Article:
Founded during the Yuan dynasty, Dongyue is a small Taoist temple dedicated to the god of Mount Tai, one of China’s five sacred Taoist mountains. Despite its modest size, the Dongyue temple fair is popular with locals. Entertainment includes kung fu displays, shadow puppet shows, Taoist music performances, and art exhibitions. Local calligraphers demonstrate their skills in chunlian, a type of Chinese New Year decoration featuring a pair of couplets written on vertical strips of paper. Chunlian are usually given away for free and designed to be hung around the front door.
RMB 10. Feb 8-14. 141 Chaoyangmen Waidajie, Chaoyang District (6551 0151) 朝阳区朝阳门外大街141号
White Cloud Temple Temple Fair 白云观庙会
The seat of the Taoist Association of China, White Cloud Temple hosts one of the few Spring Festival fairs that still retain a religious character. Every year, the devout visit the temple to burn incense sticks. In addition, there is a curious tradition associated with the large coin that hangs from White Cloud’s Wofeng Bridge; it is said that fortune will come to those who manage to hit the small brass bell hanging from the hole in the coin with a regular coin.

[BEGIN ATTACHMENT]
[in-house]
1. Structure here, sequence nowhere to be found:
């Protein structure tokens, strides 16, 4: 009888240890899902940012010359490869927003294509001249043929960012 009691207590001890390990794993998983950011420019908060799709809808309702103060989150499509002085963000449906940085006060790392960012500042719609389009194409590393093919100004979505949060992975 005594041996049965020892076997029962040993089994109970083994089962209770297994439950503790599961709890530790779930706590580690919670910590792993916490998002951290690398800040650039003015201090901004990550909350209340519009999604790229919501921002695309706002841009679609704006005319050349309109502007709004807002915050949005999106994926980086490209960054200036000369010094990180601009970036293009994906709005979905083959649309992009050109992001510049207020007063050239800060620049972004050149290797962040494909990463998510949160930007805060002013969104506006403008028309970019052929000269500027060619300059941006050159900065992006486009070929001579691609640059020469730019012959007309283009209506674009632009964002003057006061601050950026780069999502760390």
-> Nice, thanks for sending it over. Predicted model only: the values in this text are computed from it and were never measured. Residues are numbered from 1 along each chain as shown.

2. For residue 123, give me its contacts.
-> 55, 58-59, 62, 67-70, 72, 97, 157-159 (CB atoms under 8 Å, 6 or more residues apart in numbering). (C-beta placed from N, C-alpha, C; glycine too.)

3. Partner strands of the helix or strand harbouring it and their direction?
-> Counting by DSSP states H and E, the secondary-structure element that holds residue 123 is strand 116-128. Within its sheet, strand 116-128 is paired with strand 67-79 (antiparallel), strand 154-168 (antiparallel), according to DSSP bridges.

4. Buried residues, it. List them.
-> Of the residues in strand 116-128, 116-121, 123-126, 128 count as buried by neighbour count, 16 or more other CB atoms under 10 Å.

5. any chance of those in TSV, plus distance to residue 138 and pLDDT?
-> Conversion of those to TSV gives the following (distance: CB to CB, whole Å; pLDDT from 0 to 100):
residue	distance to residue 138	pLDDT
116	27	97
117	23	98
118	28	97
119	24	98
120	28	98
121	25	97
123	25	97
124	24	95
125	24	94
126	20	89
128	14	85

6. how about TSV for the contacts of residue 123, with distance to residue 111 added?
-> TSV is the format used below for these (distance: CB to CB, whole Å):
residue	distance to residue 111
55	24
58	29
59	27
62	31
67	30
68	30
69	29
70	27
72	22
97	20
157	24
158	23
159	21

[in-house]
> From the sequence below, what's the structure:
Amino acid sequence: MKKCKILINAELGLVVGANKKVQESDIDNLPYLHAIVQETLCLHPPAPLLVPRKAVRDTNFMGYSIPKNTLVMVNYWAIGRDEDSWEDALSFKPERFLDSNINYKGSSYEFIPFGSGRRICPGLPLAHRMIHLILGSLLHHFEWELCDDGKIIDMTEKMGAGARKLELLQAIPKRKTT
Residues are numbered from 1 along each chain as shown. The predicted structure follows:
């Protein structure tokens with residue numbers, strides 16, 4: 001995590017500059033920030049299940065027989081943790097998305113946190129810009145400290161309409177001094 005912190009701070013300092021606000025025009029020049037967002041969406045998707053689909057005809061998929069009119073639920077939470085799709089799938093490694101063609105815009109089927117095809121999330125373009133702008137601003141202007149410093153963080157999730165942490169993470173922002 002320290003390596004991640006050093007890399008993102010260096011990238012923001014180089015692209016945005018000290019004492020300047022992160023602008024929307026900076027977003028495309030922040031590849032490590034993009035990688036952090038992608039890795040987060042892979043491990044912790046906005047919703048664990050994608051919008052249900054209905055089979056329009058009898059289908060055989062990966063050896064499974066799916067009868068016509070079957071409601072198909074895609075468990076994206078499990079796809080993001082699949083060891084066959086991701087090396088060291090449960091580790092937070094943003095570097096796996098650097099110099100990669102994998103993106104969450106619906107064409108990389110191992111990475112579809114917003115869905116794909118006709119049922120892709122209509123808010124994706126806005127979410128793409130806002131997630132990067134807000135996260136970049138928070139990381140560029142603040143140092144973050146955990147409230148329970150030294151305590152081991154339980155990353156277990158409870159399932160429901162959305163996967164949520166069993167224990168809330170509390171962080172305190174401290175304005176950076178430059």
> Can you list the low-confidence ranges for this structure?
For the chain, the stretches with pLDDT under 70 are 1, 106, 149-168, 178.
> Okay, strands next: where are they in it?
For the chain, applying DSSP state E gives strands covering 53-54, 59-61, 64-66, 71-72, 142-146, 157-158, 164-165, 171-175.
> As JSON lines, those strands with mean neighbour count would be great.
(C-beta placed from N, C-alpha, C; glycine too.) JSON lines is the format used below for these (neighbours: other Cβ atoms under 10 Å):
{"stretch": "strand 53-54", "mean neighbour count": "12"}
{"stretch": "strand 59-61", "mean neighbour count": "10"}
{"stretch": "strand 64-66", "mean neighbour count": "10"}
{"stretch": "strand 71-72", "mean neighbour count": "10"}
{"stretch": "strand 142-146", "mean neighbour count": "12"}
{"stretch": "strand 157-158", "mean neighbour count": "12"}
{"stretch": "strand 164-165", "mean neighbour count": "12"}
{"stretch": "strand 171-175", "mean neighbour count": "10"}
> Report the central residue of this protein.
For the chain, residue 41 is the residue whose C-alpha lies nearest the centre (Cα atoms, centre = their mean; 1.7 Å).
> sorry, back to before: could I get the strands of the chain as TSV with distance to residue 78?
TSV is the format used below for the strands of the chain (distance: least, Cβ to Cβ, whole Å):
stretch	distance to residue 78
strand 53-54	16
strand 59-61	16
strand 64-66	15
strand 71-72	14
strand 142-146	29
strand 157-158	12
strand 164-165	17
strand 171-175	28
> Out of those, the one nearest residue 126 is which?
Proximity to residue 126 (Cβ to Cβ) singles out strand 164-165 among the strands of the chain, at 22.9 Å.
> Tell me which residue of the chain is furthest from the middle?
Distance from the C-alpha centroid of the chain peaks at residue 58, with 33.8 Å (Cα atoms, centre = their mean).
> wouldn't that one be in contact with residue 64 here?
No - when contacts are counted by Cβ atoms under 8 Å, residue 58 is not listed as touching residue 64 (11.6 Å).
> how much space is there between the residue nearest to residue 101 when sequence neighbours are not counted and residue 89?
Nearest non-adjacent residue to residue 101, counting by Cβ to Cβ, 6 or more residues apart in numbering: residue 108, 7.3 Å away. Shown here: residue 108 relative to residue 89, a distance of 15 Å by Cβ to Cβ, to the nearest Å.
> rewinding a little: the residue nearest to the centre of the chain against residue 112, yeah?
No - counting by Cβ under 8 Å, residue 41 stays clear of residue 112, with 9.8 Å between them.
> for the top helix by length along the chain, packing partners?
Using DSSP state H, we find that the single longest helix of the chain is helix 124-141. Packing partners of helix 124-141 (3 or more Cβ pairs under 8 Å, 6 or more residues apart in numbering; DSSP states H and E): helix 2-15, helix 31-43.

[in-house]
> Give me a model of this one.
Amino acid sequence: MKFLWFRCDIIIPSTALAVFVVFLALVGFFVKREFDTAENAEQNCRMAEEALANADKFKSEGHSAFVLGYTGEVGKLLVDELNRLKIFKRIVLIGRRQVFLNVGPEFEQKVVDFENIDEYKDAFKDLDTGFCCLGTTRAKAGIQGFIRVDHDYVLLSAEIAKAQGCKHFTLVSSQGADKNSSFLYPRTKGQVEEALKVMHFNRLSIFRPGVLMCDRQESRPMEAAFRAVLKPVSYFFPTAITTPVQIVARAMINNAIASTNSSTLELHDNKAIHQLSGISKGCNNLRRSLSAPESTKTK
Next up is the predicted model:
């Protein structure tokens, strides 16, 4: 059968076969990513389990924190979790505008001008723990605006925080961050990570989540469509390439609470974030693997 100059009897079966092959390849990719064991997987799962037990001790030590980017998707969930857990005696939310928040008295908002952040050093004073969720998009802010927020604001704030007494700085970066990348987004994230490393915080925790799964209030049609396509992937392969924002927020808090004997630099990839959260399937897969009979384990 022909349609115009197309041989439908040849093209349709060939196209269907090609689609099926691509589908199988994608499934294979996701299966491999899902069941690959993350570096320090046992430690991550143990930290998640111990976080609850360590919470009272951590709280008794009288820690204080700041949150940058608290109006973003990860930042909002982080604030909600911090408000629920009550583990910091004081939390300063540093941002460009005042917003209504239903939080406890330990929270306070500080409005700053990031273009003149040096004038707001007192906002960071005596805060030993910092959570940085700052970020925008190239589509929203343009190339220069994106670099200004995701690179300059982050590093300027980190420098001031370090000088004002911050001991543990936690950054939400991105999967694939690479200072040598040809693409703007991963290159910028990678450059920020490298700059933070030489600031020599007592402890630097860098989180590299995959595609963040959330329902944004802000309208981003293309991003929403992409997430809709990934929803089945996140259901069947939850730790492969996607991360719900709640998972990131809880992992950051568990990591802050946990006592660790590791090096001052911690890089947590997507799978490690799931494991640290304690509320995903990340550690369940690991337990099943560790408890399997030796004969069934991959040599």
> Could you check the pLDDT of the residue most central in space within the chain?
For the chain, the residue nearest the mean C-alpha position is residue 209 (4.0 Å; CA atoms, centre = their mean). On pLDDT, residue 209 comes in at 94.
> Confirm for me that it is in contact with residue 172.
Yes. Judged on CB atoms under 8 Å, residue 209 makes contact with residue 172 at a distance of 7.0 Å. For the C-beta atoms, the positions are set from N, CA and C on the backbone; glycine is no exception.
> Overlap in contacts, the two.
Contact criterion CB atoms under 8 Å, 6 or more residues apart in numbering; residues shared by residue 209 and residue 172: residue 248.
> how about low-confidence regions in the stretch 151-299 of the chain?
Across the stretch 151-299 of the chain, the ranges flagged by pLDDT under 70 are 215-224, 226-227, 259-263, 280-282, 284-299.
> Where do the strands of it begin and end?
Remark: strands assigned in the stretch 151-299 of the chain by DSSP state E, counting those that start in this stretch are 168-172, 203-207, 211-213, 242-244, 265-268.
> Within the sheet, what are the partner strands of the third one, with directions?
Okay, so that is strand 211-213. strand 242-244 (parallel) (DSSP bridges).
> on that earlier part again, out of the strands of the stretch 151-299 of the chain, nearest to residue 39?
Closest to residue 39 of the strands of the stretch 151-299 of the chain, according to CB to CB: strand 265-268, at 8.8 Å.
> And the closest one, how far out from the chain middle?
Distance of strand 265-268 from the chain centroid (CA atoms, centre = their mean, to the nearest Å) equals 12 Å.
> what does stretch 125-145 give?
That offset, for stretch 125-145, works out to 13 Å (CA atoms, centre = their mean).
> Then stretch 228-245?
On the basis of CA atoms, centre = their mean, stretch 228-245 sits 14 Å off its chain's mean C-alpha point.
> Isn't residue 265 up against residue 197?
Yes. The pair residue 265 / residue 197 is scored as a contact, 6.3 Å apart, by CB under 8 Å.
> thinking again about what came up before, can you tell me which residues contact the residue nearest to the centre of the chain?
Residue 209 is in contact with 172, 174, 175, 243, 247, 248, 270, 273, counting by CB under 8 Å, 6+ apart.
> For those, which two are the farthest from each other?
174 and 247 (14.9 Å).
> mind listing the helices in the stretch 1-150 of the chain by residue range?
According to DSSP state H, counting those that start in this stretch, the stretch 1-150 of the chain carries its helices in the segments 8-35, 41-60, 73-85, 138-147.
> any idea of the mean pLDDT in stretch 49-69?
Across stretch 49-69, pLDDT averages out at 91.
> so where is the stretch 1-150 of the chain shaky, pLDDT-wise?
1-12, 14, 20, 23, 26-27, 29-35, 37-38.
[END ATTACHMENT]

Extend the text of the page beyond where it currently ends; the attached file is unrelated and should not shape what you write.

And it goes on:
RMB 10. Feb 8-26. 6 Baiyunguan Jie, Xicheng District (6344 3666) 西城区白云观街6号
Spring Festival – 春节 chunjie
Year of the Monkey – 猴年 hou nian
Temple fair – 庙会 miaohui
Lion dance – 舞狮 wushi
Dragon dance – 舞龙 wulong
Calligraphy – 书法 shufa
Chinese New Year paintings – 年画 nianhua
Chinese New Year couplets – 春联 chunlian
Snacks – 小吃 xiaochi
Worship the gods – 拜神 baishen
Buddhism – 佛教 fojiao
Buddhist – 佛教徒 fojiao tu or 佛教的 fojiao de
Taoism – 道教 daojiao
Taoist – 道教徒 daojiao tu or 道教的 daojiao de
This article originally appeared on page 52-55 of the beijingkids February 2016 issue. Click here to read the issue for free on Issuu.com. To find out how you can get your own copy, email firstname.lastname@example.org
Photos: Song Zhen, Jean Wang, & Bridget Coila (flickr)